The canonical target

I’ve already written about the common mistake of using AC_CANONICAL_TARGET in software that is not intended to be used as compiler. Since I’m now using my tinderbox extensively, I’ve thought it might have been a good idea to try checking how many packages actually do call that, that shouldn’t.

The test is really a quick and dirty bashrc snippet:

post_src_unpack() {
    find "${S}" -name configure.ac -o -name configure.in | while read acfile; do
        acdir=$(dirname "$acfile")
        pushd "$acdir"
        autoconf --trace AC_CANONICAL_TARGET 2>/dev/null > "${T}"/flameeyes-canonical-target.log
        if [[ -s "${T}"/flameeyes-canonical-target.log ]]; then
            ewarn "Flameeyes notice: AC_CANONICAL_TARGET used"
            cat "${T}"/flameeyes-canonical-target.log
        fi
        popd
    done
}

This provides me with enough information to inspect the software, and eventually provide patches to correct the mistake. As I said this is a very common mistake, and I’ve fixed quite a few packages for this. Not only it wastes time to identify the target system, but it also provides a totally misleading --target option to the configure script that confuses users and automatic systems alike; if we were to write a software to generate ebuilds out of the source tarball of a software with some basic common options, it would probably be confused a lot by the presence of such an option.

Since the whole build, host and target situation is often confusing, I’d like to try explaining it with some images, I think that might be a good way to show users and developers alike how the three machine definitions interact between each other. Since this is going to be a long post, in term of size, rather than content, because of the images, the extended explanation won’t be present in the feed.

Continue reading on my site for that.

To try explaining this in a very visual way, let’s say we have only three systems, a PowerBook laptop, a standard x86 computer, and a build service using x86-64 servers. The choice of PoweBook as smallest device has been conditioned by the fact it was the only decent image I could find on OpenClipart for a system that would have been easily seen as having a different architecture than the other two. I would have liked an ARM board, but it was wishing too much.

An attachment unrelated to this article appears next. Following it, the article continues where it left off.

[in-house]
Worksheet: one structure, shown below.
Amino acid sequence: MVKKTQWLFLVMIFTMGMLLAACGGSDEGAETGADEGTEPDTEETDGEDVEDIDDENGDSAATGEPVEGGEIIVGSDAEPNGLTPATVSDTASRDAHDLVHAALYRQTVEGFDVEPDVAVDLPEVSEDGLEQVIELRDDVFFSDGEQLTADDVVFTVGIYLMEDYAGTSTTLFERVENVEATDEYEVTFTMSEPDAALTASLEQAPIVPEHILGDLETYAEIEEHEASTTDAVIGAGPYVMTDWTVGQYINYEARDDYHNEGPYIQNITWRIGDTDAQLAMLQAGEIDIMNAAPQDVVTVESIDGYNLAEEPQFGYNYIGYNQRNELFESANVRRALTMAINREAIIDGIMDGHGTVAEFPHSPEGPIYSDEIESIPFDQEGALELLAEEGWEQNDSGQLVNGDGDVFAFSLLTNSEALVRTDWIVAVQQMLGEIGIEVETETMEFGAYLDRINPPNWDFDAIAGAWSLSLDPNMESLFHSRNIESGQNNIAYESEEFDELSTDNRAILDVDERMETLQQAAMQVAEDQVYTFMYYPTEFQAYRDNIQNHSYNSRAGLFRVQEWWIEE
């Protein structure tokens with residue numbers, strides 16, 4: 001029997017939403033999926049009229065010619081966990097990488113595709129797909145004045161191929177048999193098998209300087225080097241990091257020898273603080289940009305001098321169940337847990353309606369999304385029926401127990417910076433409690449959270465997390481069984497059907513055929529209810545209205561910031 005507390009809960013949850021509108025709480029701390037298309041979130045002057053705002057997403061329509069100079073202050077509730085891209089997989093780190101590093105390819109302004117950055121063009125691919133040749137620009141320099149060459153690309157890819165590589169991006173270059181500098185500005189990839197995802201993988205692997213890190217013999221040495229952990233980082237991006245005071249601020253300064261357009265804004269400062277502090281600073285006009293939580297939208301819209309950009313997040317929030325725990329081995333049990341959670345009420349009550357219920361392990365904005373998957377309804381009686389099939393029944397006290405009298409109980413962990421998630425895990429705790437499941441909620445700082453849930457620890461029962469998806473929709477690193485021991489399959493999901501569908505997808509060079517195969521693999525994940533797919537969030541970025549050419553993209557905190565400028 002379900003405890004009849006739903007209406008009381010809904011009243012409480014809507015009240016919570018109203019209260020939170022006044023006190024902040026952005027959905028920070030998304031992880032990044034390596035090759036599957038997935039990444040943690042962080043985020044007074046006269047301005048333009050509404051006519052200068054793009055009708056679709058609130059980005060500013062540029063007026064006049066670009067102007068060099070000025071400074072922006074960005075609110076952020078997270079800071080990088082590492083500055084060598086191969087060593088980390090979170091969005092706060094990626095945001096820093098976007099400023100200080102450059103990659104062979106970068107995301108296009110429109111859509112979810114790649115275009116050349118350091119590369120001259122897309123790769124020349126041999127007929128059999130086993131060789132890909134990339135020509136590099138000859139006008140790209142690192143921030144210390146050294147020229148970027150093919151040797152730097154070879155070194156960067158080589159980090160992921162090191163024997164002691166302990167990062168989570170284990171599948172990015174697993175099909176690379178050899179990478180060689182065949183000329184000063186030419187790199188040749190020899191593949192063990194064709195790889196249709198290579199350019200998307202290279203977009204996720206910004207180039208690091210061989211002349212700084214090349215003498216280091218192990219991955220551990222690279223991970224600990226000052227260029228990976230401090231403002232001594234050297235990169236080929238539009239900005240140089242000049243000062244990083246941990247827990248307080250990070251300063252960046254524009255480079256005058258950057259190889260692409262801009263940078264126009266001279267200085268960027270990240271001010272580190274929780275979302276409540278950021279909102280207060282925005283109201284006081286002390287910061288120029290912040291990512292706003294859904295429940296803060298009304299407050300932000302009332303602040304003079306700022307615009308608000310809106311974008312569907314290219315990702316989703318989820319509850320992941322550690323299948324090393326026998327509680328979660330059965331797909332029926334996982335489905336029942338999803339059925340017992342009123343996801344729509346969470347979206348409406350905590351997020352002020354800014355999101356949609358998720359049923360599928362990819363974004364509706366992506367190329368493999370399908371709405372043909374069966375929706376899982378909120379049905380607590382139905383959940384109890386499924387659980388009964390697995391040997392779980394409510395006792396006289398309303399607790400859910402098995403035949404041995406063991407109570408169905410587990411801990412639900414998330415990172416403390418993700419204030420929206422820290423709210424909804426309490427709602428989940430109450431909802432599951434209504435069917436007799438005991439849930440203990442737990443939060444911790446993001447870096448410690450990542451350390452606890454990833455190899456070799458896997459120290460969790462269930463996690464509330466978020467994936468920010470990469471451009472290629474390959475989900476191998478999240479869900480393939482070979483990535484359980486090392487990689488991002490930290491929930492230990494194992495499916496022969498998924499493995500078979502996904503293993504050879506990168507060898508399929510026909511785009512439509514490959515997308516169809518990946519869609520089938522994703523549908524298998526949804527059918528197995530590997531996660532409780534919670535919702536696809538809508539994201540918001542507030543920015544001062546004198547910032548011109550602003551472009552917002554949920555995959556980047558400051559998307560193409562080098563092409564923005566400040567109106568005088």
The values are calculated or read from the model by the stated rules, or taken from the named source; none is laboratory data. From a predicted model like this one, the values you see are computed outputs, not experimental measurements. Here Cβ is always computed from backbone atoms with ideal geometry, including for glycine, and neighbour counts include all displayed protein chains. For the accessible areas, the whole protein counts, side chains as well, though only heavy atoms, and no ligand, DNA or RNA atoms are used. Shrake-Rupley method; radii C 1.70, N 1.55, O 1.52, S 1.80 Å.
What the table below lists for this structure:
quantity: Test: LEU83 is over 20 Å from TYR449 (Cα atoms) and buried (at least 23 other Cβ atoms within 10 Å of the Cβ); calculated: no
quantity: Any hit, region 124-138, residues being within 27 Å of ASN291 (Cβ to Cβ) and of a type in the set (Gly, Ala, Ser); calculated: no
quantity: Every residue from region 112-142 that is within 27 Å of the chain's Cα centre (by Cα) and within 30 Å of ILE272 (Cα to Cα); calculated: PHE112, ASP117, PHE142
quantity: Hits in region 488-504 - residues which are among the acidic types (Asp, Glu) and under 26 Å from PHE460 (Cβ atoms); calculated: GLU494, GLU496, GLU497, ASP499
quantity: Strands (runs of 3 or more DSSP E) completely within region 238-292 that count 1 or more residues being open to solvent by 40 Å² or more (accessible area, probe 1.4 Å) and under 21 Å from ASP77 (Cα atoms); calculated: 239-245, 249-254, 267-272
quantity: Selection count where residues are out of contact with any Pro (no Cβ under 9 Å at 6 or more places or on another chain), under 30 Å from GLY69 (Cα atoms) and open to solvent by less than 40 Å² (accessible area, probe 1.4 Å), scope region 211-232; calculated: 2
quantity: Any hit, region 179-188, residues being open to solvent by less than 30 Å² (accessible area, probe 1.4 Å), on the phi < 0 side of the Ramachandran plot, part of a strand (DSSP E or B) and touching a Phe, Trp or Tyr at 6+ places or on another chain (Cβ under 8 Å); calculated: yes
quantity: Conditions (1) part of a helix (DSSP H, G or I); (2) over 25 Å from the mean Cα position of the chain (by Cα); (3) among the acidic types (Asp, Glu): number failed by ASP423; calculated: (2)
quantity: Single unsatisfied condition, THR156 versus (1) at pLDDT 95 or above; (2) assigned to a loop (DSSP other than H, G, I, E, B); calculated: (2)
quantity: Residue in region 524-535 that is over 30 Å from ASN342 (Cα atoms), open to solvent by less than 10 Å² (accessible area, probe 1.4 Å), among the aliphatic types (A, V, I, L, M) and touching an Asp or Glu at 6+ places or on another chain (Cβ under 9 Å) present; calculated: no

The first obvious case is having a native compiler, no cross-compiling involved at all:

In this case, both gcc’s configure script, the powerpc-linux-gnu-gcc compiler and the hellow program are executed on the same system: the laptop. This is the standard case you have on a Gentoo system when building stuff out of most ebuilds. In this case host, build and target machines are all one the same: powerpc-linux-gnu.

Then there is a very common case for embedded developers, cross-compilers:

In this case gcc’s configure (and thus build) is executed on a PC system, which also will run the powerpc-linux-gnu-gcc compiler, but the hellow program is still executed on the laptop. Host and build machines are i686-pc-linux-gnu while target is powerpc-linux-gnu.

The next scenarios is uncommon for standalone developers but is somewhat with binary distributions for smaller systems:

In this case there is a build service that starts up the build for the compiler, that will then be executed by the laptop directly. In this case the build machine is x86_64-pc-linux-gnu while both host and target are powerpc-linux-gnu.

The final scenario involves all three systems at once and shows exactly the difference between the three machine definitions:

In this case the build service prepares a cross-compiler executed on a PC that will build software to run on the laptop. The build machine is x86_64-pc-linux-gnu, the host machine is i686-pc-linux-gnu and the target is powerpc-linux-gnu.

Now, this works pretty well and sleek for compilers, but what about other software? In most cases you got just two systems involved at most, one that will run the software and one that will build it, so there is no need for a target definition, it’ll all be completed between build and host. And this is why you should not be calling AC_CANONICAL_TARGET unless you can figure out a far-fetched scenario where you can involve three computers with three different architectures, like in the last scenario.

4 thoughts on “The canonical target

  1. I think it’s great that you’re doing all of this! Your work helps all distros, all users, and all developers… and not many people are capable (or interested) in this work, which makes your efforts all that more important. The Free Software community is definitely far better off because of your past, and continuing, work! Thanks again!

    Like

  2. You no doubt already know this but it’s worth pointing out that the latter two cases are called Canadian crosses. Not sure where that name came from though.I seem to recall nano falling foul of that mistake but I tried it several years ago so it may well be fixed now.

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  3. As a user…how does this affect me…what could I expect if the software was done this way?This should be part of /root/.bashrc if using portage?^ mentions nano…should I recompile ‘elvis’ to check fot this? Since that is my editor?

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  4. Nah mostly it’s a developer thing, it really has no impact over users; i have a list of infringing packages, and some I contacted already with patches, but I try to handle those on a case by case, or mostly fix it together with other possible issues.

    Like

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